Numerous local businesses have not yet reopened and there’s no indication when they will, says the Sarnia-Lambton Business Development Corporation.
“That is of concern. The longer they’re closed the greater risk that they’ll be unable to reopen,” said general manager Don Anderson.
“They’re going to deplete their working capital.”
The SLBDC is a non-profit, community-based corporation that provides start-up loans and ongoing counselling to hundreds of local businesses.
When the pandemic arrived in March it offered three-month loan deferrals to about 100 businesses, and roughly 70% accepted. A second three-month deferral has been offered.
Anderson said some that pivoted their operations appear to be doing fairly well.
“If you’re sitting on your hands you will not make it through this,” he said. “Most of them are telling me they’ve never worked harder, and a lot of these folks work pretty hard at the best of times.”
Hospitality and tourism has been hit especially hard. The Journal is aware of at least seven local restaurants that have already thrown in the towel, though many don’t want to announce their demise.
Successful eateries trimmed their menus, managed kitchen costs, and embraced the new reality of curbside and take-out service, Anderson said.
Most businesses he knows of are earning just enough to scrape by right now. But the pandemic has also created opportunities, for example in food delivery and personal shopping.
And the economic bounce-back when it happened locally will be slow, he added.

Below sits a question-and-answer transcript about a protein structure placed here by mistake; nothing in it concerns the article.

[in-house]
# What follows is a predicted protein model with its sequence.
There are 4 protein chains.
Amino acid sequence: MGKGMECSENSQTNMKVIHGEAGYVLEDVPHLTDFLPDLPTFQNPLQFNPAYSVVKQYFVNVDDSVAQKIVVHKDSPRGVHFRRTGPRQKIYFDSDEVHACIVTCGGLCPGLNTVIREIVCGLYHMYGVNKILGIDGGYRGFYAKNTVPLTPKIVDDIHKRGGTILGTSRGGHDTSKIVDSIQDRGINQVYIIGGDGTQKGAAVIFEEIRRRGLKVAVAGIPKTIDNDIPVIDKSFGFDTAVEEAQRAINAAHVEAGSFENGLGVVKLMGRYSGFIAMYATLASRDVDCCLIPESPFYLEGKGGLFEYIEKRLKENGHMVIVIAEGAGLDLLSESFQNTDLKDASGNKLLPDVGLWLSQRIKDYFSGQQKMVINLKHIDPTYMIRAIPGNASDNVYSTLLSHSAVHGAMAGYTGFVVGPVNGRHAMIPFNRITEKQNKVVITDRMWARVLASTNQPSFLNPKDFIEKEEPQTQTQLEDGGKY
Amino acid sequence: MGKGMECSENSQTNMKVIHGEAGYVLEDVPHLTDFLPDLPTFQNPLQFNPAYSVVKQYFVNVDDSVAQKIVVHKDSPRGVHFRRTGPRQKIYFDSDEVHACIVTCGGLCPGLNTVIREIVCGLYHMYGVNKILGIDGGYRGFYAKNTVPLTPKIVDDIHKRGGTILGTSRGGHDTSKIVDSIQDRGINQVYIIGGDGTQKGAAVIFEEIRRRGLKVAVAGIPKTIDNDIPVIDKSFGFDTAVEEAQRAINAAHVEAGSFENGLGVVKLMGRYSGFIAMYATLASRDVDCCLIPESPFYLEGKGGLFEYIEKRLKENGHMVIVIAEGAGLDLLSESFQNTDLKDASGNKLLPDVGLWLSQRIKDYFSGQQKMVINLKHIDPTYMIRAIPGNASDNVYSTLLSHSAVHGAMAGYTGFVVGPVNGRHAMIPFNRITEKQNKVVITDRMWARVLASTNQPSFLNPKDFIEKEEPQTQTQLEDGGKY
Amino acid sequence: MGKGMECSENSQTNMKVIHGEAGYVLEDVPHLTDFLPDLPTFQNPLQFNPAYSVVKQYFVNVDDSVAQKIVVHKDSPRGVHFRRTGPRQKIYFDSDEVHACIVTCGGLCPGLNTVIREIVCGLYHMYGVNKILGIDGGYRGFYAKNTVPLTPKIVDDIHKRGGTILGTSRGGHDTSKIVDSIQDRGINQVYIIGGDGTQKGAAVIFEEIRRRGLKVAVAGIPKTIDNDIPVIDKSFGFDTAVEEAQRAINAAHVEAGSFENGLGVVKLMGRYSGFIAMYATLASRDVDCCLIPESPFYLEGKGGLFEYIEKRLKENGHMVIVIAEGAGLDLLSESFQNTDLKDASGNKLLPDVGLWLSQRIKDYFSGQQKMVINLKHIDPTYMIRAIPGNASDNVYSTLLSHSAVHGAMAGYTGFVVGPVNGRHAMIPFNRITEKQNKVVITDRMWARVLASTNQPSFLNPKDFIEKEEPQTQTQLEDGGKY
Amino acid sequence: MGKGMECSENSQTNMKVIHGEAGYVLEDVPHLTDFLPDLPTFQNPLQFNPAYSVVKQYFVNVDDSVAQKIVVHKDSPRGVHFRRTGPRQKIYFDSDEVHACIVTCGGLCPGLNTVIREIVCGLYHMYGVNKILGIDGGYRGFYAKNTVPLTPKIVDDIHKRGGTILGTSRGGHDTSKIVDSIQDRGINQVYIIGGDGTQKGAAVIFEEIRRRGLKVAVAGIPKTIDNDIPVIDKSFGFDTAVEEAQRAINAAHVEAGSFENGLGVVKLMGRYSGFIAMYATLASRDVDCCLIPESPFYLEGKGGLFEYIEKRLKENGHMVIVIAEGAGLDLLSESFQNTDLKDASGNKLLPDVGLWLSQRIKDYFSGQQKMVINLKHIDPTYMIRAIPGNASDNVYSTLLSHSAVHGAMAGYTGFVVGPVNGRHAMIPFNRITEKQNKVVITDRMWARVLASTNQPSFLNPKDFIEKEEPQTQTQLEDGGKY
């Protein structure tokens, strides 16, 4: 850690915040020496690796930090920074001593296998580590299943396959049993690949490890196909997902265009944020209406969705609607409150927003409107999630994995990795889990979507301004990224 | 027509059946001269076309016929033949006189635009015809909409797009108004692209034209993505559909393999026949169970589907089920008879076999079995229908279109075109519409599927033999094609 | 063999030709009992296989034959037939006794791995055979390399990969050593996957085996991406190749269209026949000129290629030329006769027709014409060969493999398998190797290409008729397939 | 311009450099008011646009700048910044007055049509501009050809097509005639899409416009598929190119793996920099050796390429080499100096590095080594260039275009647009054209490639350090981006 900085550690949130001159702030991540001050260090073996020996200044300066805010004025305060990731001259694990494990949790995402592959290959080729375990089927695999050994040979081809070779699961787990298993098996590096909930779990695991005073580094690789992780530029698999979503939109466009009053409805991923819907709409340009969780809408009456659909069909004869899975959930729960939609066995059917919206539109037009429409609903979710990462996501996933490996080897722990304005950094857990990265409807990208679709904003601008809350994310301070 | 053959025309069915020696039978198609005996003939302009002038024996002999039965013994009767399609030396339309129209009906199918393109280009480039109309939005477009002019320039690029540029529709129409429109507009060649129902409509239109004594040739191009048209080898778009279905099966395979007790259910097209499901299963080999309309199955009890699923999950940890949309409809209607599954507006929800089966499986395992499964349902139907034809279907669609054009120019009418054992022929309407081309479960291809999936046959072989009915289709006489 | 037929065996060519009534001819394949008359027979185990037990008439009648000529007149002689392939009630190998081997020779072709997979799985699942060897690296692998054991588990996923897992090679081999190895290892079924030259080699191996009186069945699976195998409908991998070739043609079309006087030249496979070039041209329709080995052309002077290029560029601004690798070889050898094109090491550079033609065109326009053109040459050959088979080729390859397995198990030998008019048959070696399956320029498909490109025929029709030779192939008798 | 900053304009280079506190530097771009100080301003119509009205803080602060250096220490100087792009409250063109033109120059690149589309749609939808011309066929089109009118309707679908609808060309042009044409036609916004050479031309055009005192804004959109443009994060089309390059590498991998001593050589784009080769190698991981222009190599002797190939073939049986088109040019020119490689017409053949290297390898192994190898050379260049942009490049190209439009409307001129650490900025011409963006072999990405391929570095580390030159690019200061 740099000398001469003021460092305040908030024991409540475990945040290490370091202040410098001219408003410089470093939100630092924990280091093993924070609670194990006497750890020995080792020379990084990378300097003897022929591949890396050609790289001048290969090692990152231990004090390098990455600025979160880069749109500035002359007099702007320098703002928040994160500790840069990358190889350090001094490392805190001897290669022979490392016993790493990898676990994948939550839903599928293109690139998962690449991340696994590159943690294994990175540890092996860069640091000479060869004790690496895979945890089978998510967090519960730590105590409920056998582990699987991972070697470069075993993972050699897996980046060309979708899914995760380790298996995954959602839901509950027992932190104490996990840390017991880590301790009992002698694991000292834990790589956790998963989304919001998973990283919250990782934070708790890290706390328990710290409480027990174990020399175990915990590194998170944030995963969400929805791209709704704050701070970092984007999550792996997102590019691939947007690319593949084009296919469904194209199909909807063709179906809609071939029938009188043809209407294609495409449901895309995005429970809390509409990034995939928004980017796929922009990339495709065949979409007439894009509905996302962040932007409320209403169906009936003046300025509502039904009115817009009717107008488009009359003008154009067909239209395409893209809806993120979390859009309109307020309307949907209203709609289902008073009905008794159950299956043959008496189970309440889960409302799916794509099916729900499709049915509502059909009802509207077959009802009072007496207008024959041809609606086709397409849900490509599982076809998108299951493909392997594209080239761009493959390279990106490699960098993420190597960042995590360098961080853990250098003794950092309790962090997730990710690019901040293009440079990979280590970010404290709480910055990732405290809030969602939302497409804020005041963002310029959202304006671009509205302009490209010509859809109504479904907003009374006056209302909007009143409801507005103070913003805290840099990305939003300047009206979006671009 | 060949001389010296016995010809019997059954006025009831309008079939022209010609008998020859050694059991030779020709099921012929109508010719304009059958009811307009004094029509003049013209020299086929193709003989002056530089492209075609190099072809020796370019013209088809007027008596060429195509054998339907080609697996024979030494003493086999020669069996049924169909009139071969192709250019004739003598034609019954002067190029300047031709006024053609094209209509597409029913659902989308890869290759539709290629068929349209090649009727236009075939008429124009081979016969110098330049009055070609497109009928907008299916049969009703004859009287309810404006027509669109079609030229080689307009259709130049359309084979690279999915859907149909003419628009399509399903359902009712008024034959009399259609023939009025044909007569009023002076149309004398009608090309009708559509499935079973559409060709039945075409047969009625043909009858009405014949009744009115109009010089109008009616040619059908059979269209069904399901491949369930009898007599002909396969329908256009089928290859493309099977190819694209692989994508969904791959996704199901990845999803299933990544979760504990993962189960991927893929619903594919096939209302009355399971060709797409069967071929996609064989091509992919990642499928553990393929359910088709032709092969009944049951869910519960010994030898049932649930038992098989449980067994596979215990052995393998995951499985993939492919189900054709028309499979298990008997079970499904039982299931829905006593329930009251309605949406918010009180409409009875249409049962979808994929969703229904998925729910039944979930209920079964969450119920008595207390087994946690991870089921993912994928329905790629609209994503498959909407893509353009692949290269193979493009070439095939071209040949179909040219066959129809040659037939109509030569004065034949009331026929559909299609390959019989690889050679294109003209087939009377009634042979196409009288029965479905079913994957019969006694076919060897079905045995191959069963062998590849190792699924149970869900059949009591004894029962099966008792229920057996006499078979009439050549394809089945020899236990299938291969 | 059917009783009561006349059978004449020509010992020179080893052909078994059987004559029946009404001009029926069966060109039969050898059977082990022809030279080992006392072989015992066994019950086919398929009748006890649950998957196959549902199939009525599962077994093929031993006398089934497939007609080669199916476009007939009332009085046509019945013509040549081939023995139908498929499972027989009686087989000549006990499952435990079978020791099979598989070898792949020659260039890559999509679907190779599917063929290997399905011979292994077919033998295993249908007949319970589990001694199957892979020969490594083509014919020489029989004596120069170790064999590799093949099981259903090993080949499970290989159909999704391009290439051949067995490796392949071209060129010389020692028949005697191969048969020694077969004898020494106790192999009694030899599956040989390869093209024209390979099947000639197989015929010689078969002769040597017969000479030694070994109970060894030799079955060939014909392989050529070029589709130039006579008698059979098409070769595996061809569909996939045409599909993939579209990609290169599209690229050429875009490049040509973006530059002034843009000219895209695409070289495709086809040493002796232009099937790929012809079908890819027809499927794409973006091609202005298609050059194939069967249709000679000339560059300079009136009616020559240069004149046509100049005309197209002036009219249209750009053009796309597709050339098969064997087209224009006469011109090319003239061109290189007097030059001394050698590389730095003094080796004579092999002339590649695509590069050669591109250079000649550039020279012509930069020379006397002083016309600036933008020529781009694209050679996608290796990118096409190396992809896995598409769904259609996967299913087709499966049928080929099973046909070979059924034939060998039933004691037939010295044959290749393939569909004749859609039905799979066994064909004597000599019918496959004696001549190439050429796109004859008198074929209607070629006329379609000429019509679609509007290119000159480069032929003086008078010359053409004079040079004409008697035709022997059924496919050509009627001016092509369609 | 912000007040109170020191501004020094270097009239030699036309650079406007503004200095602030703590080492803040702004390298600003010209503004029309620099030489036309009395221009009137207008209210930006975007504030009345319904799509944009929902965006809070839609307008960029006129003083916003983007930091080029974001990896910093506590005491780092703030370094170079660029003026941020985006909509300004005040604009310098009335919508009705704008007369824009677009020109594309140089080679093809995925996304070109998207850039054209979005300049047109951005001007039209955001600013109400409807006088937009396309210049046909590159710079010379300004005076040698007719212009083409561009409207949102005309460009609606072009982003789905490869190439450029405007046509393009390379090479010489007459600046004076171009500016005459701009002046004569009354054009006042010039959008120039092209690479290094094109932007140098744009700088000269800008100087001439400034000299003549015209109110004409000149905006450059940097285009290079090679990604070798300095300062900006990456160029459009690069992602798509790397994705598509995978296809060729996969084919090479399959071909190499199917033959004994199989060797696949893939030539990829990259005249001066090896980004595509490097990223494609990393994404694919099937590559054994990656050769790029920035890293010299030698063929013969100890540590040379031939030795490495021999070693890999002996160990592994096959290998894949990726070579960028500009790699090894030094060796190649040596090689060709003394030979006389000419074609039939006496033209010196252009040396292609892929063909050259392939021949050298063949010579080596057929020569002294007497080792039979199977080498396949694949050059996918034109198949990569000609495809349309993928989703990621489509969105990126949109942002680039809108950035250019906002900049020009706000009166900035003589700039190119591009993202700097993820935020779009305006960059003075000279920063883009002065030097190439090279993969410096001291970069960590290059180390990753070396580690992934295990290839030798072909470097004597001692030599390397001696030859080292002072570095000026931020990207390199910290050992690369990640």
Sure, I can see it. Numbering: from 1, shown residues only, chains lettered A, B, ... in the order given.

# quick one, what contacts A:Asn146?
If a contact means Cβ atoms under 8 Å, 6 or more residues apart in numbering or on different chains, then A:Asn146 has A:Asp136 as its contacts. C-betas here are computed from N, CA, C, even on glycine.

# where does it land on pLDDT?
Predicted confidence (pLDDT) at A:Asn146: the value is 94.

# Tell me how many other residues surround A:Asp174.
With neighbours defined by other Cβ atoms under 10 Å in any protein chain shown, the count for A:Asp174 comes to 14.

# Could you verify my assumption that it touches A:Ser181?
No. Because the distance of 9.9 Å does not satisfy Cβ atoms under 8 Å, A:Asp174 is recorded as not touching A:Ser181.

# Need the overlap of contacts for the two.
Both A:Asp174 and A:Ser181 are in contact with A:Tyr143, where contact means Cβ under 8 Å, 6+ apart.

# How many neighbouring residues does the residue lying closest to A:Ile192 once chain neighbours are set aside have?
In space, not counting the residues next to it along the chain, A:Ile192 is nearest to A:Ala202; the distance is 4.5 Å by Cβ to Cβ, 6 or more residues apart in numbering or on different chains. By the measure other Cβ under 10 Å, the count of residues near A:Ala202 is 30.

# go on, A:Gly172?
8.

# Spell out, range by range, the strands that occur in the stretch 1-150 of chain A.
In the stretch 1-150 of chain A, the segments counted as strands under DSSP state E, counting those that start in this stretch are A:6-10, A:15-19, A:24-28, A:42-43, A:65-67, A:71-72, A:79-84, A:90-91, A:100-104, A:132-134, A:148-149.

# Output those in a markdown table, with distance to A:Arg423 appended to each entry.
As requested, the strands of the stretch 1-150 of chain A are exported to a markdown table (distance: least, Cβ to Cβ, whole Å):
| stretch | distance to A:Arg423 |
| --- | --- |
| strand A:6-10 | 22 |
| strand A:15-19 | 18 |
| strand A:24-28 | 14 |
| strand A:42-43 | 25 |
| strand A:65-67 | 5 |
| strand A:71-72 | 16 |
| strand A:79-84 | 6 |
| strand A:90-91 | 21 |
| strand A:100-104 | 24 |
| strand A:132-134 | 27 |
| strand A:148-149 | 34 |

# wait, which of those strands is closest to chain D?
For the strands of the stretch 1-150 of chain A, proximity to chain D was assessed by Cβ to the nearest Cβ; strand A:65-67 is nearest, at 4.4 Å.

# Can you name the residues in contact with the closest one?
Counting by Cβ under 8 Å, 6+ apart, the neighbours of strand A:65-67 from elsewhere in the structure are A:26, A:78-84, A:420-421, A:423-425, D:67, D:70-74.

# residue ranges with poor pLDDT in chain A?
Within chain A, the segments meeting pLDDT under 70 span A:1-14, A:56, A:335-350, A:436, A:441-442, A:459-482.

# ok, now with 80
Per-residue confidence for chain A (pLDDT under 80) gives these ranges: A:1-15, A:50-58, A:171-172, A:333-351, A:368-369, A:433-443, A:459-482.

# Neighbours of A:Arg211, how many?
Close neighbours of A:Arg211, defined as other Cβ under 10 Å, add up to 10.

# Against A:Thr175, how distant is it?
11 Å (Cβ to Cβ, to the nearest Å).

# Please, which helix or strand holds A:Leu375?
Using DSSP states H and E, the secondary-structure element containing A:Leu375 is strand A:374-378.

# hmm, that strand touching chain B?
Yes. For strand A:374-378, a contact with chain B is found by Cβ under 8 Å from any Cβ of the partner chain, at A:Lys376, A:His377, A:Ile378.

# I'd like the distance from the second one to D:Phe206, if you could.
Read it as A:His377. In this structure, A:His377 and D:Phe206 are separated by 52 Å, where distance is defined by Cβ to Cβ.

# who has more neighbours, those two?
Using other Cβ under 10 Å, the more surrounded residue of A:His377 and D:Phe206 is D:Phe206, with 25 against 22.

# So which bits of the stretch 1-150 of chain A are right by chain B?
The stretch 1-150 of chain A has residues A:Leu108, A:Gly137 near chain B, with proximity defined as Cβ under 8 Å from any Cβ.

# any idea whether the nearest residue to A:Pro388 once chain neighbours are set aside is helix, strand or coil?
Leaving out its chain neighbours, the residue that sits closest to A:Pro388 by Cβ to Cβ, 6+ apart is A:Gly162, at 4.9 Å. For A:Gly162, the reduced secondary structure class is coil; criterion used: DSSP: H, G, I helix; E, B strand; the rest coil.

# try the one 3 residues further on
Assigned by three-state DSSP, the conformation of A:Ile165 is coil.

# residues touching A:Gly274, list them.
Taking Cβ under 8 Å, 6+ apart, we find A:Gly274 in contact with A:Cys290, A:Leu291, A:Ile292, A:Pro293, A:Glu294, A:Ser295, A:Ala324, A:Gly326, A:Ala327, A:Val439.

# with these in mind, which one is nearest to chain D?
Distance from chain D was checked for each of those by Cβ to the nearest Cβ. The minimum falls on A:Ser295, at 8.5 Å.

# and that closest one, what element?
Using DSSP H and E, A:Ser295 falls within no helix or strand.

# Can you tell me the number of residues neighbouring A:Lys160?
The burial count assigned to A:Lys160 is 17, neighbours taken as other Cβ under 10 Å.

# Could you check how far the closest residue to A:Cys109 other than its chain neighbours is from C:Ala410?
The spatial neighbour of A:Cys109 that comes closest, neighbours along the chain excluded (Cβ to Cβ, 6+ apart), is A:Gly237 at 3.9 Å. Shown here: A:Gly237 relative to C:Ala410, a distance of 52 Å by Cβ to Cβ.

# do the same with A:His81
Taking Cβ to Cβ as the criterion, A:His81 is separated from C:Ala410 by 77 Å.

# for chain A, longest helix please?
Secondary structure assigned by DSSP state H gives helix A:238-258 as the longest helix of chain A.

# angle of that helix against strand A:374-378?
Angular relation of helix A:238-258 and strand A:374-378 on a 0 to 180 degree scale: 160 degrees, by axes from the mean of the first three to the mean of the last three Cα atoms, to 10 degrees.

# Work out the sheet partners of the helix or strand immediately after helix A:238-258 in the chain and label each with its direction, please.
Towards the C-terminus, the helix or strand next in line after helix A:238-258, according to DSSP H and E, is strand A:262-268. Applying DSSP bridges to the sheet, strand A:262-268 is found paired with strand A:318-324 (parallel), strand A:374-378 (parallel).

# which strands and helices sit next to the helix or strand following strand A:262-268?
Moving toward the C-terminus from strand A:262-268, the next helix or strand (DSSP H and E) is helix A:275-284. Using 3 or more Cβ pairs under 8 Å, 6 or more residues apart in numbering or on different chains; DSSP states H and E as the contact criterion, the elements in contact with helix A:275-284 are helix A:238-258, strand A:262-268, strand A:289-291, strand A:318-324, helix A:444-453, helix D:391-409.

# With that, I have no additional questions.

“When it starts to pick back up… are we going to see (customers) going back full throttle? No.
“I think it’s going to be an extended recovery.”
Almost half of Canadians know a business that
has closed permanently due to COVID-19, and eight out of 10 say they wish they could do more, according to the Canadian Federation of Independent Business.
As of last week, the CFIB’s recovery dashboard showed: 58% per cent of businesses fully open, 23% making normal sales for this time of year, and 34% back to normal staffing levels.
The hospitality sector, which includes restaurants and hotels, was just 7% back to normal sales.
The CFIB has launched a campaign (#SmallBusinessEveryDay) to help as many small businesses as possible survive the current crisis.
Its message to everyone: think local and spend local.
“Small actions like buying a cupcake or a cup of coffee, finding a local business, or recommending a business to others on social media can make a big difference to small business survival,” said executive vice-president Laura Jones.